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Wednesday, June 19, 2024

Garbage at Mount Everest “the top of the world” disgusts mountaineers

TravelGarbage at Mount Everest "the top of the world" disgusts mountaineers

The problem of waste pollution on Mount Everest, the top of the world, is a big environmental concern in recent years with its human waste and overflowing trash.

A traveler, Debbie Banks wrote:  This is the peak of Mount Everest and it is disgusting to see this garbage at 8848 altitude. Isn’t it better to stay in your houses and not go hiking when you have no commitment to the environment?” (sic)

As crowds increase over the years, Mount Everest has grown increasingly polluted. This has led to the contamination of the local watershed, which jeopardizes the health of local people.  With the mixture of a large number of climbers and inadequate waste management practices has resulted in the accumulation of trash and human waste on the mountain. This pollution not only poses risks to the delicate ecosystem of the Sagarmatha National Park but also impacts the local communities that rely on the mountain’s watershed for their water supply.

Efforts have been made by the Nepali government and various organizations to address the problem. The government launched a campaign in 2019 to remove thousands of kilograms of trash from the mountain and implemented a deposit initiative requiring climbers to return with a certain amount of garbage to reclaim their deposit. The Sagarmatha Pollution Control Committee (SPCC), an NGO run by local Sherpa people, has been actively working to manage waste, ensure climbers have legal permission, and educate visitors about environmental conservation.

One bright project, the Mount Everest Biogas Project, seeks to find a sustainable solution to the sanitation problem by building a solar-powered system that converts human waste into fuel for local communities. This would help control the dumping of fecal matter in local villages, reducing water contamination risks and creating employment opportunities.

While some debate stricter regulations on the number of climbers allowed on Mount Everest, the Nepali government faces a difficult balance. Climbing permits generate substantial revenue for the local economy, which heavily relies on tourism. However, it is important to find a sustainable approach that prioritizes environmental protection and the well-being of the local communities.

The restoration of Mount Everest’s pristine environment will require collaborative efforts from climbers, the Nepali government, NGOs like the SPCC, and other relevant stakeholders. By raising awareness, implementing effective waste management strategies, and promoting responsible tourism, there is hope that the world’s highest peak can regain its former glory while ensuring the long-term sustainability of the region.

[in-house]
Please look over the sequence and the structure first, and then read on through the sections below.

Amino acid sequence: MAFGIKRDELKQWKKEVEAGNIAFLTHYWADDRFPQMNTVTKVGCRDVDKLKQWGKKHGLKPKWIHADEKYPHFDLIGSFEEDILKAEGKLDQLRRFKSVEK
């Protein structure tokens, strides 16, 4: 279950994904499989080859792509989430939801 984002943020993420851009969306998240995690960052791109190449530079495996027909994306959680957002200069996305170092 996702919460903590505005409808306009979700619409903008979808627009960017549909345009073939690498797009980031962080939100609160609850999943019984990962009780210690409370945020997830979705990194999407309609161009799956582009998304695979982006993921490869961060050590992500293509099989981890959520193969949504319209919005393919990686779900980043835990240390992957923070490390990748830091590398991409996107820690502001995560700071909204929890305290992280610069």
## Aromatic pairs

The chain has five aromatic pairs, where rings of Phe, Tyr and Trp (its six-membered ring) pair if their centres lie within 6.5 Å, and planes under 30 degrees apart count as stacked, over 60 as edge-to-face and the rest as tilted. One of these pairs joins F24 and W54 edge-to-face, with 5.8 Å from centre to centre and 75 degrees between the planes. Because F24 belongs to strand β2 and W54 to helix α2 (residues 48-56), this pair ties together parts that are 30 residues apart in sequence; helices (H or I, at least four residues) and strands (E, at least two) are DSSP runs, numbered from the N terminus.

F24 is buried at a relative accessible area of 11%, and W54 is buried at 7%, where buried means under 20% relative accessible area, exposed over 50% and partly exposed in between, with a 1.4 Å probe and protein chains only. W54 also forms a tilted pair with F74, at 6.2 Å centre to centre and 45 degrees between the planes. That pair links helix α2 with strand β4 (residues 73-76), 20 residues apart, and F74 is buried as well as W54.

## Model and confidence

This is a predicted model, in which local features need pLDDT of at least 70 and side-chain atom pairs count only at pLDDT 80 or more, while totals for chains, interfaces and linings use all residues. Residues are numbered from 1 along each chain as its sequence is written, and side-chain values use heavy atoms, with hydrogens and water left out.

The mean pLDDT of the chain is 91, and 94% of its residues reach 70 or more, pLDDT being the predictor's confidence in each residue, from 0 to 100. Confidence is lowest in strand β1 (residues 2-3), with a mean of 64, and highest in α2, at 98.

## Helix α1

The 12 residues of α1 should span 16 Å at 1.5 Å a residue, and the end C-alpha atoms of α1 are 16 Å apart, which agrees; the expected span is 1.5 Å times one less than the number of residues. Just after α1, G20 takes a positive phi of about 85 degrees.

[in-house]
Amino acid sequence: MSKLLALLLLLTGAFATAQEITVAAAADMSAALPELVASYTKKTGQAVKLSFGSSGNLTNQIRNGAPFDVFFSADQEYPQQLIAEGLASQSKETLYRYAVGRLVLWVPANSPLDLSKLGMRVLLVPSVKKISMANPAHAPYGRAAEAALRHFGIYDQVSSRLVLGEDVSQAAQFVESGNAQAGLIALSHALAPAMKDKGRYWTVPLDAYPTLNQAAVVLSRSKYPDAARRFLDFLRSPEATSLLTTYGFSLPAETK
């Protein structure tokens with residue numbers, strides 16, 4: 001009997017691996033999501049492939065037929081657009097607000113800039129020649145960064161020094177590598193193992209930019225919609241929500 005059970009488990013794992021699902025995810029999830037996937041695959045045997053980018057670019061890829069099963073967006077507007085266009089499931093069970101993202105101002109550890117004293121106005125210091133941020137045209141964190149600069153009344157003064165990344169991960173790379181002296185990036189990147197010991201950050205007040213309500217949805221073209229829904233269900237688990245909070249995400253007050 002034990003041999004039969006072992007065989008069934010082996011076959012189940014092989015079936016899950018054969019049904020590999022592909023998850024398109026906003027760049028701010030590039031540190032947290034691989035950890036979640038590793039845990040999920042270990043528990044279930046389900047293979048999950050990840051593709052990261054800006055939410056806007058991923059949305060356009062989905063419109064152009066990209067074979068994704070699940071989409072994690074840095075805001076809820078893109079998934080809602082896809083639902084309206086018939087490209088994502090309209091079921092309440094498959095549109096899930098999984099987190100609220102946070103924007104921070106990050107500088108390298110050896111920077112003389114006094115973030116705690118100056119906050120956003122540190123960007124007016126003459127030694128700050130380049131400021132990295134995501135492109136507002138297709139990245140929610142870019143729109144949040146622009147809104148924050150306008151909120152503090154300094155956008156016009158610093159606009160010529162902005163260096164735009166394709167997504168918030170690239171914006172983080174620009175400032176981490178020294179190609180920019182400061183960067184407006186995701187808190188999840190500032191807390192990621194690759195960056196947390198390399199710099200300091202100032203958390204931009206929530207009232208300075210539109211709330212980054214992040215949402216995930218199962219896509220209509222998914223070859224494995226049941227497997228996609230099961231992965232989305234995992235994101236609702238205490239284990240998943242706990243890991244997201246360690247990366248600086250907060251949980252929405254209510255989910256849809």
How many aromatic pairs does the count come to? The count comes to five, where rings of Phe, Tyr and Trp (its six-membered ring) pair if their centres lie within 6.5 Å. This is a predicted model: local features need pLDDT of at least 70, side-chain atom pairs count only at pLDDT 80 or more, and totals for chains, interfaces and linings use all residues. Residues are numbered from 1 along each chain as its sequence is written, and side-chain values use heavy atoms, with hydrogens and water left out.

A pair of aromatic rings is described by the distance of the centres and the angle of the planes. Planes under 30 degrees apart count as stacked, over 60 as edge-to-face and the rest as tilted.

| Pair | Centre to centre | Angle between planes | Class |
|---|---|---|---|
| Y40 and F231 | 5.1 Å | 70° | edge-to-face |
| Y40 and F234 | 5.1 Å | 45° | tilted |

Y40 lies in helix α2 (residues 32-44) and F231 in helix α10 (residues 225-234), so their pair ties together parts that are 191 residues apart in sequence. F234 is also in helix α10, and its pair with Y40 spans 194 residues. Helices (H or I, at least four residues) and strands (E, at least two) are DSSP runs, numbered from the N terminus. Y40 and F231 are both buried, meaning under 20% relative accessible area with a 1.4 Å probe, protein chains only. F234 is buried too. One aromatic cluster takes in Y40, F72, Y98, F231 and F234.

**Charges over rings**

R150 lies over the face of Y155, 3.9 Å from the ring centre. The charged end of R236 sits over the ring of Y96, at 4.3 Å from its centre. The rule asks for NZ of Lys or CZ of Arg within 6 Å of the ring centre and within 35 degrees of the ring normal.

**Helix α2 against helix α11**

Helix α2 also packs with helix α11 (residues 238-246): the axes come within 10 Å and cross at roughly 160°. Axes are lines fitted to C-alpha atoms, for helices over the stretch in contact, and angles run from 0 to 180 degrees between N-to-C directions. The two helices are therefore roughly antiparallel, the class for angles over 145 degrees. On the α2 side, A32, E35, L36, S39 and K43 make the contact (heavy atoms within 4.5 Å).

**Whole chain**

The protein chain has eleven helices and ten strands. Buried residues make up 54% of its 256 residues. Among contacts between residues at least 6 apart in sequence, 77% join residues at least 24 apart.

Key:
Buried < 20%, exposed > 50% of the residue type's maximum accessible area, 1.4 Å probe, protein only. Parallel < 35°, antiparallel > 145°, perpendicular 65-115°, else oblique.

Some of the indignant comments of travelers were. “That’s because most who can afford to go there are rich and cleaning is beneath them. It’s the status of the journey to the mountain they crave not its soul.”

Someone else suggested that “non-combustion robots should be able to operate there.
@thenorthface and other brands could come together and fund a volunteer robot project for collecting that trash with RC. That would be a dream challenge for geeks and roboticists worldwide. FYI.”

In Nepal, Mount Everest is known as “Sagarmatha,” meaning “forehead in the sky.” Standing at 8,849 meters (29,032 feet), it is the highest mountain above sea level in the world. Everest is part of the Himalayas, which spans 2,400 kilometers (1,500 miles) and runs through six countries in Asia.

Edmund Hillary and Tenzing Norgay were the first people known to reach the summit of Mount Everest in 1953. It was a dangerous feat capturing the world’s attention. Since then, thousands of visitors have flocked to the mountain, and it is beginning to take its toll. Today, Everest is so overcrowded and full of trash that it has been called the “world’s highest garbage dump.”

A traveler Christopher Frost said, “The only thing I leave behind when travelling is footprints.”

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